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What Is a Speech Error?

Andrew Kirmayer
Updated May 23, 2024
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A speech error happens when someone says words or sounds that they do not intend to say. Slips of the tongue are common in everyday speech and often follow common patterns in how specific grammatical constructions are manipulated. Common types of slip-ups include malapropisms, a metathesis or an epenthesis. Usually, these are normal, but they can occur more frequently if conditions such as dyslexia or problems with eye movement or muscle control are present.

Human speech has been studied extensively in real-world settings as well as in laboratories. The different parts of speech are more apparent when a speech error occurs and is analyzed. With a malapropism, a word is spoken that is not intended to be said but is usually either similar in meaning to the one the person wanted to say or sounds a lot like it. It is also common for people to switch syllables in words, or to switch words within a specific sentence, which is called a metathesis. An epenthesis refers to when sounds are added to the middle or end of words.

Speech error occurrences can result from differences in the movement between parts of the tongue as well as the rate at which they move together or in relation to one another. Most of the time, vowels will be replaced only with vowels, and the same goes for consonants. Words are most often replaced with others that fit in a similar grammatical context. A strong pattern seen in language pathology is that words and sounds are moved in place of one another and not taken away from an overall phrase.

Muscle movements and reaction times as well as the rate of speaking have a significant influence on each speech error that occurs. Repetition of tongue and lip movements, and those of the jaw, interrelates with the phonological similarities of many sounds and words. Speech errors are not random and have been studied in speech pathology to create various language models.

When people have trouble controlling eye movements, this can affect how they read. Problems with head movement do as well, and these lead to a form of dyslexia that can affect speech. Conditions such as Parkinson’s disease can result in speech pathology issues as well. Learning disabilities and clinical problems with finding words, which can result from injuries, can increase speech error frequency. Slips of the tongue usually are not a sign of an aphasia-related speech disorder; they happen to everyone at some point.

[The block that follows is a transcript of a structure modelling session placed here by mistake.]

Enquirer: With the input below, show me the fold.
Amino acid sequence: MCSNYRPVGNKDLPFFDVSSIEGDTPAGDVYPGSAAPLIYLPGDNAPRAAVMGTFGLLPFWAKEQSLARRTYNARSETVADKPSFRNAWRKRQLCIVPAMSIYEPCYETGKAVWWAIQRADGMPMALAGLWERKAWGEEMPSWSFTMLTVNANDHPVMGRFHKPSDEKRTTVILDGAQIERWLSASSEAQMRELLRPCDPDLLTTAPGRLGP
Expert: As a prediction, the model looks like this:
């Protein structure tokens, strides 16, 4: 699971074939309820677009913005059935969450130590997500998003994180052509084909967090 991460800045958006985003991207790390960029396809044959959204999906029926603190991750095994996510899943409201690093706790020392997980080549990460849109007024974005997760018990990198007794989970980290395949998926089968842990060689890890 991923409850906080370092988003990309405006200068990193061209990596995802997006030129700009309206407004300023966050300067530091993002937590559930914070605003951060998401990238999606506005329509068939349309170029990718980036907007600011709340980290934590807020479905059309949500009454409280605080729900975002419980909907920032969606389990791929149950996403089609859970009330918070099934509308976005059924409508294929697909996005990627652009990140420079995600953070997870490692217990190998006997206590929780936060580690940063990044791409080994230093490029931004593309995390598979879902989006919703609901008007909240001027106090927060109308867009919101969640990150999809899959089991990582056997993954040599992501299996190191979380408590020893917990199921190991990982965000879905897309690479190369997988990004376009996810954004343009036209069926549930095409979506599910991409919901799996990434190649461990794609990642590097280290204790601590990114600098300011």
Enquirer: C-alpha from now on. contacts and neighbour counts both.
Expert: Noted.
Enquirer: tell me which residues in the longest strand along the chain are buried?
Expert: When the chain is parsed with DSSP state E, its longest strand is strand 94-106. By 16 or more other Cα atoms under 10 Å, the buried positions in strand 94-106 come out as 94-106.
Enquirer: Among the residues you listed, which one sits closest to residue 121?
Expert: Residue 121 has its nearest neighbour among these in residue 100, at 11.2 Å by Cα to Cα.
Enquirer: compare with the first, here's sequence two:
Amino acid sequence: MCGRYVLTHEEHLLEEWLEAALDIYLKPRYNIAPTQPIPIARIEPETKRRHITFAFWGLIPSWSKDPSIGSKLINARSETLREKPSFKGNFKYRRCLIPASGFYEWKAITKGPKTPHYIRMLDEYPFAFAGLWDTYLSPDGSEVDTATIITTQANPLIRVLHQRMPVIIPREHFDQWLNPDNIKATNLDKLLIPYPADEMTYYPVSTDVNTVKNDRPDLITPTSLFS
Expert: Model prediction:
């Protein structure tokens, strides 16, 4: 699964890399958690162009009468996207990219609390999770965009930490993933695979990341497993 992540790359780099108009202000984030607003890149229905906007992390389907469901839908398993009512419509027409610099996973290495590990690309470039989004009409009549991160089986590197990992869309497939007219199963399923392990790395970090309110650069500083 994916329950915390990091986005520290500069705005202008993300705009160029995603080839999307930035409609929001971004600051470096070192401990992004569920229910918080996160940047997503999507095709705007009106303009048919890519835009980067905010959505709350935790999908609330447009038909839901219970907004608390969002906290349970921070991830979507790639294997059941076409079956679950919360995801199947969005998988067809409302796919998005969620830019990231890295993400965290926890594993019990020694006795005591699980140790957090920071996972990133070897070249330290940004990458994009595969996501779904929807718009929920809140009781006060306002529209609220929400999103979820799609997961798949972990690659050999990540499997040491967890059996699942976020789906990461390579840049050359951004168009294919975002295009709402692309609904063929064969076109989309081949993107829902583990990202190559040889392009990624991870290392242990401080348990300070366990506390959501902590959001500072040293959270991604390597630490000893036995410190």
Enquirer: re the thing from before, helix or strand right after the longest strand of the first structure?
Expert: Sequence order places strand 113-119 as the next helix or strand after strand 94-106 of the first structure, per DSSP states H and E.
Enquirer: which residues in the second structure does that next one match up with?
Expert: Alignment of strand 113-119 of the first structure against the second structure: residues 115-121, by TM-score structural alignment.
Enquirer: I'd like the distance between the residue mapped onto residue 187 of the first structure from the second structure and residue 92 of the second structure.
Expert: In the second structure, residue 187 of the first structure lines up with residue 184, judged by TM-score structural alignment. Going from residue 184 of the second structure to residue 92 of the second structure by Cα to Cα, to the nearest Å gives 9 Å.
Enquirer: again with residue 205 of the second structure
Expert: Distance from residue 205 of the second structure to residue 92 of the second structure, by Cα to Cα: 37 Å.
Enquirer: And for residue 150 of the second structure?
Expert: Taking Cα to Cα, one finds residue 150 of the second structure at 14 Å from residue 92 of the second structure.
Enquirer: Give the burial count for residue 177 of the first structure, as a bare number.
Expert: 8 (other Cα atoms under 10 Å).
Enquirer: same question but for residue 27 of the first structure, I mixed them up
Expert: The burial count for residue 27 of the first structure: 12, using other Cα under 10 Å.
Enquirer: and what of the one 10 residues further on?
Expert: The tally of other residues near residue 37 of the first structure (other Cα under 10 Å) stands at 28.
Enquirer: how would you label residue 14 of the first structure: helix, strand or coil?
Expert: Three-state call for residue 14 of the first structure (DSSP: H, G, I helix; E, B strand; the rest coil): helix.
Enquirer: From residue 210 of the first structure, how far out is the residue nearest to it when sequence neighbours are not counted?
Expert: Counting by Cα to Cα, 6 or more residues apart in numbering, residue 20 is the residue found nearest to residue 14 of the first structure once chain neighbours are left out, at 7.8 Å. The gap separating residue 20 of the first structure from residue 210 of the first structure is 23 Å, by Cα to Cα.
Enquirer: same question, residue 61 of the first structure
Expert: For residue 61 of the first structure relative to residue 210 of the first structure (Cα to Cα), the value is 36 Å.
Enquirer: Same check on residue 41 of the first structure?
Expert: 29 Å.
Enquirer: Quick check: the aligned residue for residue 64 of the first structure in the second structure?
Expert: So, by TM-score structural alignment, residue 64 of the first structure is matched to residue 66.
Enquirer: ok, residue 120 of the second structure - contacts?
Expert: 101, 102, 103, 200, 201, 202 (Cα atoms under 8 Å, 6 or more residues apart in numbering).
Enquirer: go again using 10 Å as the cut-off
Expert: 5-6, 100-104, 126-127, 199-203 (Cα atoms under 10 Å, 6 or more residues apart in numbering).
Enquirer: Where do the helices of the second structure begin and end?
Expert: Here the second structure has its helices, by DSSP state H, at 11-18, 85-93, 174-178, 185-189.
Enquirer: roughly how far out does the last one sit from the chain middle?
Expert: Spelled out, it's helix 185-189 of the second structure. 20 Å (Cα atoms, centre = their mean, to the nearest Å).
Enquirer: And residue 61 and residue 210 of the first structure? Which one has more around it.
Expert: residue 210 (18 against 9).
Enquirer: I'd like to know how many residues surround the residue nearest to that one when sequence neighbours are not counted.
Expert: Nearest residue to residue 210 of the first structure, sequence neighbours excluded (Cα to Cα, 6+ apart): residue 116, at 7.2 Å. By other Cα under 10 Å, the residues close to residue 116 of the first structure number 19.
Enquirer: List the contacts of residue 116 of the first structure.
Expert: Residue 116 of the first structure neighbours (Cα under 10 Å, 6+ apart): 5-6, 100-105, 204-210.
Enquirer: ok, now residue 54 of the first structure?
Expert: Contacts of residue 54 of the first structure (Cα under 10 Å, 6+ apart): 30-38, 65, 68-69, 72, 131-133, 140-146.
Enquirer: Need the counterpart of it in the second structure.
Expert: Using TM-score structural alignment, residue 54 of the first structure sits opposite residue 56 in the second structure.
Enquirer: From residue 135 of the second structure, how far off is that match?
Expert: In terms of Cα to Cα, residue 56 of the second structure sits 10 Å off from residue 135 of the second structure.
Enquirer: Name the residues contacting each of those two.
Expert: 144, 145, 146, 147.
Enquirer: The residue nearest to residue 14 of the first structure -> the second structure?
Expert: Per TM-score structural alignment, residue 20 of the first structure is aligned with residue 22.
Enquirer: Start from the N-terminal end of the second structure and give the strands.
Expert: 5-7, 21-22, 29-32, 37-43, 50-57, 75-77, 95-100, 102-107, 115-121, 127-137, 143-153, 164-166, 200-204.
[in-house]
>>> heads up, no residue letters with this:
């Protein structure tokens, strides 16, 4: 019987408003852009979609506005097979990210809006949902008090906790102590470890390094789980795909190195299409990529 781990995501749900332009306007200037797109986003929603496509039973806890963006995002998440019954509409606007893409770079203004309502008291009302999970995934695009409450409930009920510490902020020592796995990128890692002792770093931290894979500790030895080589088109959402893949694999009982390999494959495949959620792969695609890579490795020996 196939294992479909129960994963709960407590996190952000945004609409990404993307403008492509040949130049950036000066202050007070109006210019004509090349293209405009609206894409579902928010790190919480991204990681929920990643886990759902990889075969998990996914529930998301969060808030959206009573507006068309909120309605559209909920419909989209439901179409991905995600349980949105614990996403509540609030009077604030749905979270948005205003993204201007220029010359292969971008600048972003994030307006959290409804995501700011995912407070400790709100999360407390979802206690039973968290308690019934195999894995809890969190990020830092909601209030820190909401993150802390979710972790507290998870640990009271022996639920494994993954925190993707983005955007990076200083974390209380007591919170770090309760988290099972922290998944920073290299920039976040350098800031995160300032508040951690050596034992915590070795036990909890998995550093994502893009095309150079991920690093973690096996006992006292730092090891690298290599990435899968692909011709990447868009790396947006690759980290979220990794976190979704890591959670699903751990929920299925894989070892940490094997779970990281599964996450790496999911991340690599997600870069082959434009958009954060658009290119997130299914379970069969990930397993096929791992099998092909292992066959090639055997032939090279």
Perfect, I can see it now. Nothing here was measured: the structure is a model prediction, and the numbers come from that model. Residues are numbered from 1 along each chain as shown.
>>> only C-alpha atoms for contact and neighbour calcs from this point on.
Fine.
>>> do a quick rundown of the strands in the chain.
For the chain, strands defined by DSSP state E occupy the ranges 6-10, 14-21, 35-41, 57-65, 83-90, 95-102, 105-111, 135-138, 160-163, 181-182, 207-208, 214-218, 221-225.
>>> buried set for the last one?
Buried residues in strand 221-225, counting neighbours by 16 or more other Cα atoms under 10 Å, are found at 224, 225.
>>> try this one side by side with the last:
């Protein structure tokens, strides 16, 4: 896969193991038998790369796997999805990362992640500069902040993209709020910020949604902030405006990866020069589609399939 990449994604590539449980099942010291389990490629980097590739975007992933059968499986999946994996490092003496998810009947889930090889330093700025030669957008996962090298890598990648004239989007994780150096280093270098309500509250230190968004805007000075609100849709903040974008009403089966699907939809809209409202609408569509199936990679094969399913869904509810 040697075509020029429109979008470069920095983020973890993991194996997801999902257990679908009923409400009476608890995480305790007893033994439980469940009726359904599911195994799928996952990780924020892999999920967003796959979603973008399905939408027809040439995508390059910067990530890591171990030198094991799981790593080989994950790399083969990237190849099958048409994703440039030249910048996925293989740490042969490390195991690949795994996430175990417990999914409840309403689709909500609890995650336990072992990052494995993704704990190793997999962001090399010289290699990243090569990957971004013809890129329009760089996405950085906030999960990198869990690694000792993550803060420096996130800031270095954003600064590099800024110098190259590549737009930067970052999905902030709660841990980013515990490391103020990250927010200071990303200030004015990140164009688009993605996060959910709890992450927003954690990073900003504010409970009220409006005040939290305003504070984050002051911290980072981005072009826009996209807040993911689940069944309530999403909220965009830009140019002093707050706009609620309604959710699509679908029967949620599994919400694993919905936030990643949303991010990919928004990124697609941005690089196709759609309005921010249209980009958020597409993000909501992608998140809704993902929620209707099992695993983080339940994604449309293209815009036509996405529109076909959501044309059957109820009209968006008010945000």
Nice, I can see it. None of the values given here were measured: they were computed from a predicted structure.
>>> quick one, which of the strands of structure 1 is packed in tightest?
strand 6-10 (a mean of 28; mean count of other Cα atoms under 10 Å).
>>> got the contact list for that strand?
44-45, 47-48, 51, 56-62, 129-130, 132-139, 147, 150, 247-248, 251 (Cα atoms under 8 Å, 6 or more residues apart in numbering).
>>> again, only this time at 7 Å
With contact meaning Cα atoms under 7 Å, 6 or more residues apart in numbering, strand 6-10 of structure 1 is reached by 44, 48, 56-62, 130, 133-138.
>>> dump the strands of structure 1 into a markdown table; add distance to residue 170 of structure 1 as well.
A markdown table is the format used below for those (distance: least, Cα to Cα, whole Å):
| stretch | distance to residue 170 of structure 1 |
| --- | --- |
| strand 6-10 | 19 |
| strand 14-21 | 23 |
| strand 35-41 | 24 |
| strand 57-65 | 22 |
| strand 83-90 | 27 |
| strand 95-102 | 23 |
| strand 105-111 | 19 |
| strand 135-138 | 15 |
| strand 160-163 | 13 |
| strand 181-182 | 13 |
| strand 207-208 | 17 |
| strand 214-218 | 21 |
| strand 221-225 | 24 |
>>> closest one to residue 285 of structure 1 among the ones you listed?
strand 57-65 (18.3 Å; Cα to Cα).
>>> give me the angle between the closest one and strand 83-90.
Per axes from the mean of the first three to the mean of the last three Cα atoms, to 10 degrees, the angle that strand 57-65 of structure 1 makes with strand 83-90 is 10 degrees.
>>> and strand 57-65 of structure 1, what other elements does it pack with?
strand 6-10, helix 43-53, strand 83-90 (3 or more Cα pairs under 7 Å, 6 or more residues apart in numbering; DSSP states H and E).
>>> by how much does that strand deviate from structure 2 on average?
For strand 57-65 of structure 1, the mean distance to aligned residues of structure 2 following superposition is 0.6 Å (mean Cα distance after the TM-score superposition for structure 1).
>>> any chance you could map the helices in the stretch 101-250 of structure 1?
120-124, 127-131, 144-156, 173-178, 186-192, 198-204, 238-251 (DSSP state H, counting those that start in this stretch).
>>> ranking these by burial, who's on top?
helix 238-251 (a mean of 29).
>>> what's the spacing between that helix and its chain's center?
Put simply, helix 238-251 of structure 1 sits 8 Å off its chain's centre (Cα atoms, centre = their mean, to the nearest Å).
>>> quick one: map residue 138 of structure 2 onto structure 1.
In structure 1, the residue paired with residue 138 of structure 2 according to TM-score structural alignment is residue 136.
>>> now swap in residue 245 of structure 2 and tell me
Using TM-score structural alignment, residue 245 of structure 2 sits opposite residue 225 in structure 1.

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Andrew Kirmayer
By Andrew Kirmayer
Andrew Kirmayer, a freelance writer with his own online writing business, creates engaging content across various industries and disciplines. With a degree in Creative Writing, he is skilled at writing compelling articles, blogs, press releases, website content, web copy, and more, all with the goal of making the web a more informative and engaging place for all audiences.
Discussion Comments
By miriam98 — On Jan 16, 2012

@allenJo - I think anything that is not related to a specific disease like Parkinson’s is correctable through therapy or education. Perhaps Parkinson’s could be corrected to some extent, too, I don’t know. The thing I’ve learned about speech is just that it takes constant practice to get it right.

By allenJo — On Jan 16, 2012

@hamje32 - A lady at my workplace tends to mispronounce the word “supposedly” a lot. She says “supposably.”

I suppose this would be an example of epenthesis, where words are inserted into a middle of the word, in this case the “b” sound being inserted where the “d” sound should exist.

I couldn’t tell you whether this is a speech pathology issue or one having to do with education. I never bother to correct her because I always think that would be insensitive.

By hamje32 — On Jan 15, 2012

I used to read the humorous use of malapropisms in Shakespeare’s plays and I thought they were hilarious. Similar sounding words were used to great effect by Shakespeare in some of his comedies.

Of course the realization that some people do this in real life, not deliberately, is not funny at all. I used to think it was the result of lack of proper education in phonetic speech but I now realize that there may be clinical issues involved, where some people just have difficulty saying the correct word and so use the nearest substitute instead.

I still believe that these people can be helped with the right therapy however, just not standard teaching on phonetic usage.

Andrew Kirmayer
Andrew Kirmayer
Andrew Kirmayer, a freelance writer with his own online writing business, creates engaging content across various...
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